Recruiters get a bad rap across the internet, which is often deserved. That said, if you’re working with a recruitment consultant and they’ve organised, an interview on your behalf, you need to make sure you get as much information as possible from the recruiter to help with your job interview.
A good recruiter will have a wealth of information both on the company, the hiring manager, what type of candidate they’re looking for and most importantly what you should and should not say in your job interview.
It’s my job as a recruiter to make sure you know as much information as possible before you start your job interview. The more information you have, the less stressed you’re going to be, and the better you’re likely to perform.
The problem is that not all recruiters take the time to ensure that you, as the candidate, are prepared for your job interview. As a result, you need to know what questions you should and should not be asking.
Below is my checklist to make sure you take control of your job interview and perform at your best.
How Long Has The Position Been Open?
Too often over the years, I’ve been asked to work on positions where a full search and interview process has already been completed. In this situation, the right candidate has not been found because of three things; Either, its because the recruiter is very good at sales, and less good at actually finding candidates, or its because the hiring manager has no clue what type of candidate they’re looking for and is totally unrealistic in their expectation, or finally the job has no future and therefore candidates do not want it. All three things mean you’re likely to waste your time.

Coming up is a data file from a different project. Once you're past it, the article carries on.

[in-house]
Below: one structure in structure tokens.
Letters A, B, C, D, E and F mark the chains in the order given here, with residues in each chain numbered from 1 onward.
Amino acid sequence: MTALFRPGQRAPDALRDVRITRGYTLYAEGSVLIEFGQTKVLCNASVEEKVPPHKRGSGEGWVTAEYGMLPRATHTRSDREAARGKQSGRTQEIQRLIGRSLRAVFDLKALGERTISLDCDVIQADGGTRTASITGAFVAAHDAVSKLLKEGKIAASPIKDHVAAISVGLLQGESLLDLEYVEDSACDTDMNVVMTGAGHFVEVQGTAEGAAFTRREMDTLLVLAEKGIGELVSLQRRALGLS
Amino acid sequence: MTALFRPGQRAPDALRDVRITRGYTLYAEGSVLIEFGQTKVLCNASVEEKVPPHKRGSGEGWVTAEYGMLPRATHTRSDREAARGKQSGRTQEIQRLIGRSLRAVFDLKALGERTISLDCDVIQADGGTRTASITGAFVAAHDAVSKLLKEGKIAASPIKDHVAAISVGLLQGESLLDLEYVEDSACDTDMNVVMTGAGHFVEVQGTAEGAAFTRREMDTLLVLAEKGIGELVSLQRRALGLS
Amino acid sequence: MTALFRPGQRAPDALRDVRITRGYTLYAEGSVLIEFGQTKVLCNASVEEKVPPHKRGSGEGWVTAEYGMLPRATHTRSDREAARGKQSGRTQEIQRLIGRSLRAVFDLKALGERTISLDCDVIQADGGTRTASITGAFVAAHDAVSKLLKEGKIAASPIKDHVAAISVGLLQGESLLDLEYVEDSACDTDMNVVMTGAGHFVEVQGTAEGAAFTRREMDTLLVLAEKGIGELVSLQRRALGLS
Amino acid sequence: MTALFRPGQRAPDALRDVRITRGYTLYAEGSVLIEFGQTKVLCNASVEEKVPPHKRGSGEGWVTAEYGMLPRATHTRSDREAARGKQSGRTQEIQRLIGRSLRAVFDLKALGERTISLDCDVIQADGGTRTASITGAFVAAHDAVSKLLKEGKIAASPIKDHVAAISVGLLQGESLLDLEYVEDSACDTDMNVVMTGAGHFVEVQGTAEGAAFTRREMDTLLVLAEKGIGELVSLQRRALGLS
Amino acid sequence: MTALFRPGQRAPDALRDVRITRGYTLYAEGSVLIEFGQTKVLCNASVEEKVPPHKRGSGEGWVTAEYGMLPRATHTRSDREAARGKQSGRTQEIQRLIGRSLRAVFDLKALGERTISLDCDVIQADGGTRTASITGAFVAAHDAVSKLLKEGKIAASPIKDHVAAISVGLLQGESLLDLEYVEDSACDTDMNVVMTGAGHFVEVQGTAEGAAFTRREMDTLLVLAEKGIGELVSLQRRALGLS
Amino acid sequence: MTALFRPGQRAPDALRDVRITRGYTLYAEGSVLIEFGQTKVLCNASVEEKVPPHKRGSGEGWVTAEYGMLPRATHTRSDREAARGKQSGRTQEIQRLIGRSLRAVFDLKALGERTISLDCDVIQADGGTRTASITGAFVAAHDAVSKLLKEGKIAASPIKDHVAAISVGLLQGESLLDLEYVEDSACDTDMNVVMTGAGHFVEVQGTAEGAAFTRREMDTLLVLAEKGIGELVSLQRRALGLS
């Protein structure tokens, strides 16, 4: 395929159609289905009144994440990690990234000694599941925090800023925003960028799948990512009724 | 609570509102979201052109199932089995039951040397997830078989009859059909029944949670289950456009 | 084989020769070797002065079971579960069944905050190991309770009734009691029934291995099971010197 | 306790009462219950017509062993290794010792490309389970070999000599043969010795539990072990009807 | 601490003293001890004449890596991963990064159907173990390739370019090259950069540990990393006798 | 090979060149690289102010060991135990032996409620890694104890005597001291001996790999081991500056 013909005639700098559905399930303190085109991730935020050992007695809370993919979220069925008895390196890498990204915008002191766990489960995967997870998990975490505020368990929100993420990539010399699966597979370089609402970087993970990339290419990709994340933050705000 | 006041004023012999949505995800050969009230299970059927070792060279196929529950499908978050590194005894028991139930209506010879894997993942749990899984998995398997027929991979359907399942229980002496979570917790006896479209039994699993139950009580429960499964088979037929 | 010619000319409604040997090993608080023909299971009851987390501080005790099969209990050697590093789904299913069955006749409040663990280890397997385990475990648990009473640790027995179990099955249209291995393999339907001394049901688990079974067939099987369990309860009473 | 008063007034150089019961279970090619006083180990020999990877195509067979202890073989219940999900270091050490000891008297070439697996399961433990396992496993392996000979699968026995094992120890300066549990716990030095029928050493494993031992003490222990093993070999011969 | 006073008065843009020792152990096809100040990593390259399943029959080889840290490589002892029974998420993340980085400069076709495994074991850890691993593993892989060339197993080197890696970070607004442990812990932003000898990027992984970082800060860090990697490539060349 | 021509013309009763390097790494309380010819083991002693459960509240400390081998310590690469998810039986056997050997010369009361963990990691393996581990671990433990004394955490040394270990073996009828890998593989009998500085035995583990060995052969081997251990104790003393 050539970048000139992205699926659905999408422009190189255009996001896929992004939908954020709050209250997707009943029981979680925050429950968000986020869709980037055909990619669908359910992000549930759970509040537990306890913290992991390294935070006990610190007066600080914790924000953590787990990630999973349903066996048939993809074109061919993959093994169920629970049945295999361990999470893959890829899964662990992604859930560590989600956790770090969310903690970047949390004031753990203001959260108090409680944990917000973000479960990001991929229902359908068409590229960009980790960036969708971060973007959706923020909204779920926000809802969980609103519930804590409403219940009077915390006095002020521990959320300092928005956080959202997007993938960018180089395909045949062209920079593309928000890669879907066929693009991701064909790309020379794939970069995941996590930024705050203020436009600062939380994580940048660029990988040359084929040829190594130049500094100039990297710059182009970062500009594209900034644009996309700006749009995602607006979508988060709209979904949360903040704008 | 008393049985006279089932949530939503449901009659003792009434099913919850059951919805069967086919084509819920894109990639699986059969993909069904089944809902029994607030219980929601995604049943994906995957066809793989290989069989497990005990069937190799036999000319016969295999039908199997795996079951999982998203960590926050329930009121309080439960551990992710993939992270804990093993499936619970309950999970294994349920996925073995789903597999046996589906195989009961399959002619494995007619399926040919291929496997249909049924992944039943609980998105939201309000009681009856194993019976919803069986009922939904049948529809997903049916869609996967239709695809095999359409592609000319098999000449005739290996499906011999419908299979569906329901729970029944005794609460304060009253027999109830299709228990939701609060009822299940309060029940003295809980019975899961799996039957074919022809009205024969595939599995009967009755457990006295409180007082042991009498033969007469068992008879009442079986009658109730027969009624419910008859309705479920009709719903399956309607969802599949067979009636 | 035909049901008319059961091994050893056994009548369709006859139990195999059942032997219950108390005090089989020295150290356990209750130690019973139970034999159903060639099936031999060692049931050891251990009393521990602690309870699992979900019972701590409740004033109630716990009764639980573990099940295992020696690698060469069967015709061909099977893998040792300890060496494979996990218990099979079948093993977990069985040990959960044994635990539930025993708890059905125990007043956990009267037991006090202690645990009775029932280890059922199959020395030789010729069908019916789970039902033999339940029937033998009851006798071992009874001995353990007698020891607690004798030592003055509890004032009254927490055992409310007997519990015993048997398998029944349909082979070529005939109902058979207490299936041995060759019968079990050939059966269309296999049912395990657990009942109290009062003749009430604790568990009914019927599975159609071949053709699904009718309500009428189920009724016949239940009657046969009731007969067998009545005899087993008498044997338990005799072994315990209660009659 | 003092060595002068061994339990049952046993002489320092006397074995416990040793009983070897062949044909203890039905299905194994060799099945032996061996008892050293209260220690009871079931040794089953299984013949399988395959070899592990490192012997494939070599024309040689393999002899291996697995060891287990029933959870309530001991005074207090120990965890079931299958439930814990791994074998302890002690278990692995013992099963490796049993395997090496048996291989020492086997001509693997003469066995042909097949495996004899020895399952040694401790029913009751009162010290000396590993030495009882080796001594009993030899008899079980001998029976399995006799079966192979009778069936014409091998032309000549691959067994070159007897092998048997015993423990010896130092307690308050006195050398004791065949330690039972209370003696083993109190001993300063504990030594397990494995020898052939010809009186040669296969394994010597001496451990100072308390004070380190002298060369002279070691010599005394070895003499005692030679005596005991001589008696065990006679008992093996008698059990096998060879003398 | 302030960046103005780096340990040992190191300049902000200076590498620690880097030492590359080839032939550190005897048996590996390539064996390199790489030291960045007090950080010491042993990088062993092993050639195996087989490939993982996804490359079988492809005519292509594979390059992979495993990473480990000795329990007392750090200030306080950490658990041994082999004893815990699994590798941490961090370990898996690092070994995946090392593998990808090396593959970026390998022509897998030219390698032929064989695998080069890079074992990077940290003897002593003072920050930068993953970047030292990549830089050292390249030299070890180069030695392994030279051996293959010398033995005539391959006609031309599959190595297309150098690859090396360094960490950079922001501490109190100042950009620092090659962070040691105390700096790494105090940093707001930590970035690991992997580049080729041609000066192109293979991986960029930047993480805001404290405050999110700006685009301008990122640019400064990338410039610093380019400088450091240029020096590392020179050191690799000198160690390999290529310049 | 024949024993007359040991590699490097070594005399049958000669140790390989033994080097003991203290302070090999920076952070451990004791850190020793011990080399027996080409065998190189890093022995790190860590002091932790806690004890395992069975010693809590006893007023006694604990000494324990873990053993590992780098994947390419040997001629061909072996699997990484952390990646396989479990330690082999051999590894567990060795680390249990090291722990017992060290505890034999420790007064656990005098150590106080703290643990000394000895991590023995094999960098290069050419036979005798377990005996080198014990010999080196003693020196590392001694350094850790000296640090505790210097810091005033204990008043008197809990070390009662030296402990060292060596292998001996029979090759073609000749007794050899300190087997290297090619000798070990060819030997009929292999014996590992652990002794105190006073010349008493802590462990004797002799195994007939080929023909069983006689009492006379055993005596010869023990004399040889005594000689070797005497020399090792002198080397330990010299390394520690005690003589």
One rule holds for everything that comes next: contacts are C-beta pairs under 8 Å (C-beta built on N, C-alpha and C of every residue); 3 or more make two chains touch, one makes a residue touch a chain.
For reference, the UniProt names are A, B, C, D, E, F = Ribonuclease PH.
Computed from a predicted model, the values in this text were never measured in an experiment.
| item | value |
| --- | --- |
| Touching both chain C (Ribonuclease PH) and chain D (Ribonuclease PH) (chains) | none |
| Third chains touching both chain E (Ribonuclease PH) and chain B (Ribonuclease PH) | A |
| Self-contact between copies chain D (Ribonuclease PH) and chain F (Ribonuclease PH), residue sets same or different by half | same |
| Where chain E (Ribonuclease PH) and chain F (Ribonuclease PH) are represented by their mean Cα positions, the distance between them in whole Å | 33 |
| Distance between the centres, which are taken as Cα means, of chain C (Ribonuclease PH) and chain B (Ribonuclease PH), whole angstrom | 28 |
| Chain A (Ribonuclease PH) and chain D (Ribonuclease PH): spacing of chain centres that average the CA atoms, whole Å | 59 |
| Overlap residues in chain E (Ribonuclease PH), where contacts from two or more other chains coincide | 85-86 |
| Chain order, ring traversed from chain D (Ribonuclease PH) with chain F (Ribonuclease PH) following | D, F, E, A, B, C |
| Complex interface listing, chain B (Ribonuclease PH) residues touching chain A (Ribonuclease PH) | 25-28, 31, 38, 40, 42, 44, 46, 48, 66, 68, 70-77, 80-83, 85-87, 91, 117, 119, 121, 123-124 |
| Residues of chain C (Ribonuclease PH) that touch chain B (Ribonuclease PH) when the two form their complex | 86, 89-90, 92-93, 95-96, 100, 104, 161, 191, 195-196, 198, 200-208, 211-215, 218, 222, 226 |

Replacement or Newly Created
There is no right or wrong answer here, however, if you’re replacing someone, it can be helpful to understand why they’re vacating the position. Maybe they’ve been sacked, in which case you could ask questions around where they failed, or perhaps they’ve been promoted in which case you focus questions around where they were successful and more importantly, use the fact that you’re replacing someone who is being promoted for a reason to why you want to join.
The Time and Location
Yes, this is obvious, and you can probably look on the company website when you do your company research, however, what happens if your interview is not in the main office, but in a subsidiary? The office location can sometimes be in a problematic position which given that the recruiter will have been to meet the client, they should be able to give you directions.
How to Get to the Office
Again, google maps works wonders with this type of question, however, you might as well ask the recruiter. Is the best way to travel to the office by train or is the office too far away from the train station? Are there any traffic or transport delays that you need to be aware of? Remember you need to arrive at least 15 minutes before the interview starts.
What Do You Know About the Company?
You must ask this question to your recruiter as it’s likely to come up in your job interview. A good recruiter should have a wealth of knowledge about their client. The essential facts you need to know are company size, department size, number of employees, company development plans, and company culture. You also need to check their website address and social media sites (Vault.com and Glassdoor.com are useful as well).
Who to Ask for at Reception
Another simple question, but it may not be the interviewer that you’re asking for at reception. The last thing you want is to walk up to reception and say the words “I have an interview, but I do not know who it’s with”.